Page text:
Andrucha was asked how he came up with such a beautiful, philosophical end to the movie and he outlined how he didn't have an end for the film for at least two years writing the script. One evening around 10:00 p.m. he was putting water in a bus and suddenly had the idea to have Fernanda Montenegro coming back and seeing herself. "Maria would be grown up. It would be her with her. Then I run to the room and—actually Fernanda Torres is my wife—so I run inside to the room and I said, 'Fernanda, I found the end! It's a mirror that she will see herself in her daughter.' " Having already decided to use two actresses leapfrogging roles, having the young Fernanda Montenegro as the mature Maria meeting up with Fernanda Montenegro as the aged Áurea underscored the notion that we look a lot like our parents even as we are totally different. The idea about incorporating the landing on the moon came about in a discussion between the writer Elena Soarez and with Ruy Guerra. Ruy Guerra, who played the role of Vasco, is himself a well-known director in Brazil. In one of the readings he commented that—even though men landed on the moon—they didn't really find anything. So the ending to the film evolved organically by exploring and building up the original ideas.
One fellow was intrigued by Andrucha's decision not to contrast the barren landscape with references to the city from where the characters had come. Why had Andrucha decided not to show them leaving the city for the dunes? Andrucha felt that the city was represented by Áurea, Maria and Vasco and the arrival of the caravan to the dunes. Admittedly, at a certain point he and Soarez had considered including a scene in the script showing the characters leaving the city, but, then asked themselves why they should do so? They decided it was more interesting to begin the movie with them already lost and exhausted, arriving in this place where you understand slowly what's going on. The first dialogue of the film starts ten minutes into the movie so, granted, some people in the beginning of the film might not understand why these characters have traveled so far. Then again, why should he respect the expositional formulas? Why underestimate the audience? Why not let them think for themselves, guess the answers to their own questions by watching the film, reach their own conclusions without the dialogue telling them everything beforehand? Andrucha complained that too much of contemporary cinema predigests the information for the audience, not giving them the chance to chew for themselves. Despite his explanation, the fellow clung to his original question and still wanted to know why Andrucha had not provided a scene in the city for contrast.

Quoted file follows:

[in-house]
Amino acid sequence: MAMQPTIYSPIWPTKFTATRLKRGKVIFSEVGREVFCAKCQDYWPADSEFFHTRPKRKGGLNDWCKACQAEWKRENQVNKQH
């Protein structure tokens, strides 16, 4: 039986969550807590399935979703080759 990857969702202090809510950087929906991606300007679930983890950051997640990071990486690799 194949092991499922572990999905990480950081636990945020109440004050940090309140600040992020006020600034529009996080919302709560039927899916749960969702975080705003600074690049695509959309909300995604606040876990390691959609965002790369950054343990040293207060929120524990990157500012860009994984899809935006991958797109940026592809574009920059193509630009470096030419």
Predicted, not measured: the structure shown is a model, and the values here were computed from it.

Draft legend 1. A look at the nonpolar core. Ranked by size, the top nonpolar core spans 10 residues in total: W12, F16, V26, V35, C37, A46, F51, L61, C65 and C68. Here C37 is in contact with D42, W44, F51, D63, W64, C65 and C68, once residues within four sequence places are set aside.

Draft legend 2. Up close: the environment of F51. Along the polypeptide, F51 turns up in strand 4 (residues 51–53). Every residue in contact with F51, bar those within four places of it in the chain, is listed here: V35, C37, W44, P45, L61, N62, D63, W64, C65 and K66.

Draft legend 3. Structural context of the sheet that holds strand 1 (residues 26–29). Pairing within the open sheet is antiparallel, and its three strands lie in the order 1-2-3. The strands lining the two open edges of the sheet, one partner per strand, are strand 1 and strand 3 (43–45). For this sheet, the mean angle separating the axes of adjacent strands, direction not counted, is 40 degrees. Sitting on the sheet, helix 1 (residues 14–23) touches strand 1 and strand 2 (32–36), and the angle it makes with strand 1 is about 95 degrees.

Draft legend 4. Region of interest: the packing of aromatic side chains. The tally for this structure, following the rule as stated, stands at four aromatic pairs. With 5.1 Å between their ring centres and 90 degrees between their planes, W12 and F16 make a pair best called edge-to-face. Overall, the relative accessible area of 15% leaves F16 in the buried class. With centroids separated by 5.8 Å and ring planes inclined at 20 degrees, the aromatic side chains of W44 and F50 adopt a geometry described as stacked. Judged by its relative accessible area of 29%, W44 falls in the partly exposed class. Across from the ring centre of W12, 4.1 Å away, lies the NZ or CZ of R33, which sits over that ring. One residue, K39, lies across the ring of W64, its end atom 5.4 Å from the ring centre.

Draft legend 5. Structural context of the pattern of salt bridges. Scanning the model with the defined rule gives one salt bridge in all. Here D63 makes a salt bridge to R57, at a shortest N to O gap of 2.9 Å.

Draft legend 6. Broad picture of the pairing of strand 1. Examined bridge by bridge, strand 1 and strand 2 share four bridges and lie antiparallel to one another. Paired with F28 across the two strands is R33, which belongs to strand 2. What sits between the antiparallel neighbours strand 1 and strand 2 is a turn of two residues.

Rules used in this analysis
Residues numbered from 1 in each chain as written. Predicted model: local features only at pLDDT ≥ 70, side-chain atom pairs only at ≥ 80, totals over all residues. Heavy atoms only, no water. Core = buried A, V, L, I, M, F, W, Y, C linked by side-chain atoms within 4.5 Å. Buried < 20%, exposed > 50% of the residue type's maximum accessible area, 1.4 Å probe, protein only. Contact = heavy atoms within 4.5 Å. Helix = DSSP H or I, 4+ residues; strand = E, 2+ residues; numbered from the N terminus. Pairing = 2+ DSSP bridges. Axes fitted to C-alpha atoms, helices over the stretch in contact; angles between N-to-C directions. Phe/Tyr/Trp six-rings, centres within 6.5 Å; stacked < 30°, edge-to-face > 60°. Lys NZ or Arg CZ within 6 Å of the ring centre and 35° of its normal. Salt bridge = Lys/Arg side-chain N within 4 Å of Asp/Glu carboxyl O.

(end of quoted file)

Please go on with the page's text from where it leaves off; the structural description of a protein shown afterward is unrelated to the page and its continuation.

Andrucha explained again that the film was about the place these women had come to, not where they had come from. The seminal idea revolved around Áurea originally not belonging to this place, to this house of sand. By the time she accepted her destiny, she had become part of this place and there was no reason for her to leave anymore. "So that's why," Andrucha concluded, shifting to the next question.